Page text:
Elk NetworkWyoming’s Elk, Mule Deer & Other Wildlife Receive $10.7 Million Boost

News Releases | July 25, 2023

(Photo credit: Jose Alonso)

MISSOULA, Mont. — Wyoming’s elk, mule deer, pronghorn antelope and other wildlife populations are getting a helping hand thanks to an allocation of $10,764,859 from the Rocky Mountain Elk Foundation and its partners. The grant funding supports 33 projects across the Cowboy State.

“There continues to be a great need to restore aspen, fight noxious weeds, establish wildlife-friendly fencing and create public access for hunting and other recreational activities,” said Blake Henning, RMEF chief conservation officer. “This funding will help all those efforts while also bolstering scientific research and advancing Wyoming’s traditional hunting lifestyle.”

Twenty-three  conservation projects will benefit 17,643 acres of habitat, including land protection and public access, while the other 10 are focused on outdoor and hunting heritage efforts.

“Despite living in the state with the smallest population in America, our volunteers in Wyoming continue to do big things,” said Kyle Weaver, RMEF president and CEO. “It is because of their passion and fundraising efforts that these dollars go on the ground to help elk and many other wildlife species.”

RMEF provided $524,910 that leveraged $10,239,949 in partner dollars. The grant funding includes financial support for two Wyoming wildfire restoration projects announced earlier this year.

Dating back to 1986, RMEF and its partners completed 950 conservation and hunting heritage outreach projects in Wyoming with a combined value of more than $211.8 million. These projects conserved or enhanced 1,343,798 acres of habitat and opened or improved public access to 251,325 acres.

Below is a list of the Wyoming projects, shown by county.

Albany County

  • Convert seven miles of barbed wire fencing to wildlife-friendly fencing on the Tom Thorne/Beth Williams Wildlife Habitat Management Area to improve movement through migration corridors and decrease entanglements.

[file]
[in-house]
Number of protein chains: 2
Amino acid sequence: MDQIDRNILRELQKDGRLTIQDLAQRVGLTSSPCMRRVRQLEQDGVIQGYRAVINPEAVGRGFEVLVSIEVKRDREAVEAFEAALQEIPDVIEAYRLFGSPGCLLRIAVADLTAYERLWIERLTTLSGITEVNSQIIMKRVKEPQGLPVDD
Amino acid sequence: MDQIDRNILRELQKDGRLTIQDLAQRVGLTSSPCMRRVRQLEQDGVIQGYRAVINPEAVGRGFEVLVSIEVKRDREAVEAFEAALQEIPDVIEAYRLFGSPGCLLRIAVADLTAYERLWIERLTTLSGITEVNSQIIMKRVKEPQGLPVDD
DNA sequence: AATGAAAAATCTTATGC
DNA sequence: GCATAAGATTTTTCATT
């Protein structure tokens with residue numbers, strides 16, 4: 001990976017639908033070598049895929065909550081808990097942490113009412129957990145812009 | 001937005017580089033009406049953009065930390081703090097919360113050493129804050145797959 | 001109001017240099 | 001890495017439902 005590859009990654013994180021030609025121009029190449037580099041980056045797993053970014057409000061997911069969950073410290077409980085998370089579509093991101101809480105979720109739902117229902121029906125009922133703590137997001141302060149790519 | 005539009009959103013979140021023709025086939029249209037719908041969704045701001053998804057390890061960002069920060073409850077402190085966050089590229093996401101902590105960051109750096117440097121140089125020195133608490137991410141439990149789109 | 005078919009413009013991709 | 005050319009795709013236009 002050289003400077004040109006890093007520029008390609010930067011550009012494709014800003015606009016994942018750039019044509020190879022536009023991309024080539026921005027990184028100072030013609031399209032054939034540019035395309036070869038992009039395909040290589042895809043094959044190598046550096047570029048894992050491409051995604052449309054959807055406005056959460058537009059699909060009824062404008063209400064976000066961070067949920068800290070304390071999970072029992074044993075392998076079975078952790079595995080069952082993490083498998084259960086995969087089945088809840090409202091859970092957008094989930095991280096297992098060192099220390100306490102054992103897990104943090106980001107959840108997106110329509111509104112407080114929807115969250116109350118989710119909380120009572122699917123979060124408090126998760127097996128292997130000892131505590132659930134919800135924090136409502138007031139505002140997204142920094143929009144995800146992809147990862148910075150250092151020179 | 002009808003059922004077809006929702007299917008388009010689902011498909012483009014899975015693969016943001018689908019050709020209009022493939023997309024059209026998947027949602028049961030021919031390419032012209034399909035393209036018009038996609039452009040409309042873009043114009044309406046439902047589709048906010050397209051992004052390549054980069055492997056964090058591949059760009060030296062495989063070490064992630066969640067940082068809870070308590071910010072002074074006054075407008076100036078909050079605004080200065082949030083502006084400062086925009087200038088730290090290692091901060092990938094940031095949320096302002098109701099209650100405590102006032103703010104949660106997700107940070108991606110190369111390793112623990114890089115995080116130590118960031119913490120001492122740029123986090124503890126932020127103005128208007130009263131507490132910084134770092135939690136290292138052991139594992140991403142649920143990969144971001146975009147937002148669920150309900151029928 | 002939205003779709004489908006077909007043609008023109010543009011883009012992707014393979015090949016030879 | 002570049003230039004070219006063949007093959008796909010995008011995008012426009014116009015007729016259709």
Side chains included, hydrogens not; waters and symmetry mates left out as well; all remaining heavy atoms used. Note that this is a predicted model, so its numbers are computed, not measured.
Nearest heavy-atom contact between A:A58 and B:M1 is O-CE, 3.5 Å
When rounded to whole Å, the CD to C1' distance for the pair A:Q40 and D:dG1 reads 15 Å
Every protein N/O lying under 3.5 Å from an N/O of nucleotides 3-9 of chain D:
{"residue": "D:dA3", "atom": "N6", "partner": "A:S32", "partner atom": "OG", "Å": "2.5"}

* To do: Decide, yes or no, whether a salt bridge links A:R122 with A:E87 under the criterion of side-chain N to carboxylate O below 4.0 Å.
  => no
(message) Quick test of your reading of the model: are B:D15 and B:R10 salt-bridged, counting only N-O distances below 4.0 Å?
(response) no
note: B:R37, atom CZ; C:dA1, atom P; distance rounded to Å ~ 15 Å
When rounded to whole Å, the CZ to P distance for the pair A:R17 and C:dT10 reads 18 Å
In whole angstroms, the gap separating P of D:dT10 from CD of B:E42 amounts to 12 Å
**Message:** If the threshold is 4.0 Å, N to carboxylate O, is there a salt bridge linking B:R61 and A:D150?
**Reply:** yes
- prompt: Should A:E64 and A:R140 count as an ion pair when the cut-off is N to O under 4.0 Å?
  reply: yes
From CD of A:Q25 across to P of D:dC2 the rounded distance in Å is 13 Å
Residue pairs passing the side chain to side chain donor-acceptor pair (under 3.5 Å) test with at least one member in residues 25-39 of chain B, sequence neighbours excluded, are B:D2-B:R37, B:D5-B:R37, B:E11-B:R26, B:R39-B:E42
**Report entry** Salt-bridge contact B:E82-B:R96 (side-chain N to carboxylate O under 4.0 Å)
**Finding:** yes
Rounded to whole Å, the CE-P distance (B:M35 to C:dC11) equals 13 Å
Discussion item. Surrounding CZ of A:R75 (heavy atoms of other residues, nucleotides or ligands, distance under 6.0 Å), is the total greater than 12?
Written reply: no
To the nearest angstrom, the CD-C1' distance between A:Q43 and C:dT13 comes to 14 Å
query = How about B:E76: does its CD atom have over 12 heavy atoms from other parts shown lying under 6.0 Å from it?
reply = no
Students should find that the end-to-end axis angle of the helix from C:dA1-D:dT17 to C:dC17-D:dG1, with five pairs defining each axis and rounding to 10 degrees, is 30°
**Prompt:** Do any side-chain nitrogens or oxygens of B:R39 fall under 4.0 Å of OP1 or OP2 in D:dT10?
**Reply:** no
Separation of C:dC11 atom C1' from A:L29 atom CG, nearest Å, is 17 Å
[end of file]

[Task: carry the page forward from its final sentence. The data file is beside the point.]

Big Horn County

  • Remove conifers encroaching on remnant aspen stands on 35 acres of Bureau of Land Management (BLM) Worland Field Office and private lands on the western slope of the Bighorn Mountains (also benefits Campbell County).
  • Provide funding to support the Gillette High School Trap League, a growing program that offers a safe environment for novice to seasoned shooters, grades 7-12, to learn and compete in shooting sports.

Carbon County

  • Treat 72 acres of private aspen habitat under an RMEF voluntary conservation agreement within the Medicine Bow-Routt National Forests to address encroaching conifers and dying or diseased aspen.
  • Convert eight miles of fence to wildlife-friendly fencing on the Red Rim-Grizzly Wildlife Habitat Management Area south of Rawlins, a priority migration route for mule deer and used by elk year-round.
  • Improve water distribution on private land under an RMEF voluntary conservation agreement to supply water, forage and cover for elk and other wildlife. Treat 2,295 acres of critical elk range across the Medicine Bow-Routt National Forests, Thunder Basin National Grassland, private and BLM land. It lies within the 2018 Ryan Wildfire footprint that supplies critical elk winter range and is part of the $7.8 million wildfire restoration effort announced by RMEF in June. RMEF supplied Torstenson Family Endowment funding for this project.
  • Treat 387 acres of invasive weeds in the Laramie Ranger District on the Medicine Bow-Routt National Forests burned by the 2020 Mullen Wildfire. This project is also part of the wildfire restoration grants announced by RMEF last month.

Converse County

  • Remove encroaching conifers across 413 acres within aspen stands in the Laramie Ranger District on the Medicine Bow-Routt National Forests and state land, an area that is important big game range (also benefits Albany County).

Crook County

  • Provide funding to conserve 2,600 acres of private land under a voluntary conservation agreement. Doing so protects and ensures its agricultural use and wildlife values while removing the threat of residential development.

Fremont County

  • Implement a series of treatment methods including conifer removal, prescribed burning and beaver relocation to improve habitat for elk and mule deer across 750 acres of BLM Lander Field Office and private lands. The treatment will also reduce the risk of severe wildfire.
  • Provide funding to support the Wyoming Outdoor Weekend & Expo, a free, family-friendly event centered on conservation and outdoor activities.
  • Remove old barbed wire fencing in the Lander Ranger District on the Shoshone National Forest as part of a multi-year project to improve big game migration.

Hot Springs County

  • Provide funding to support Hot Springs County 4-H Shooting Sports, a program with more than 80 youth that learn proper safety and handling of archery and firearms, as well as conservation.

Johnson County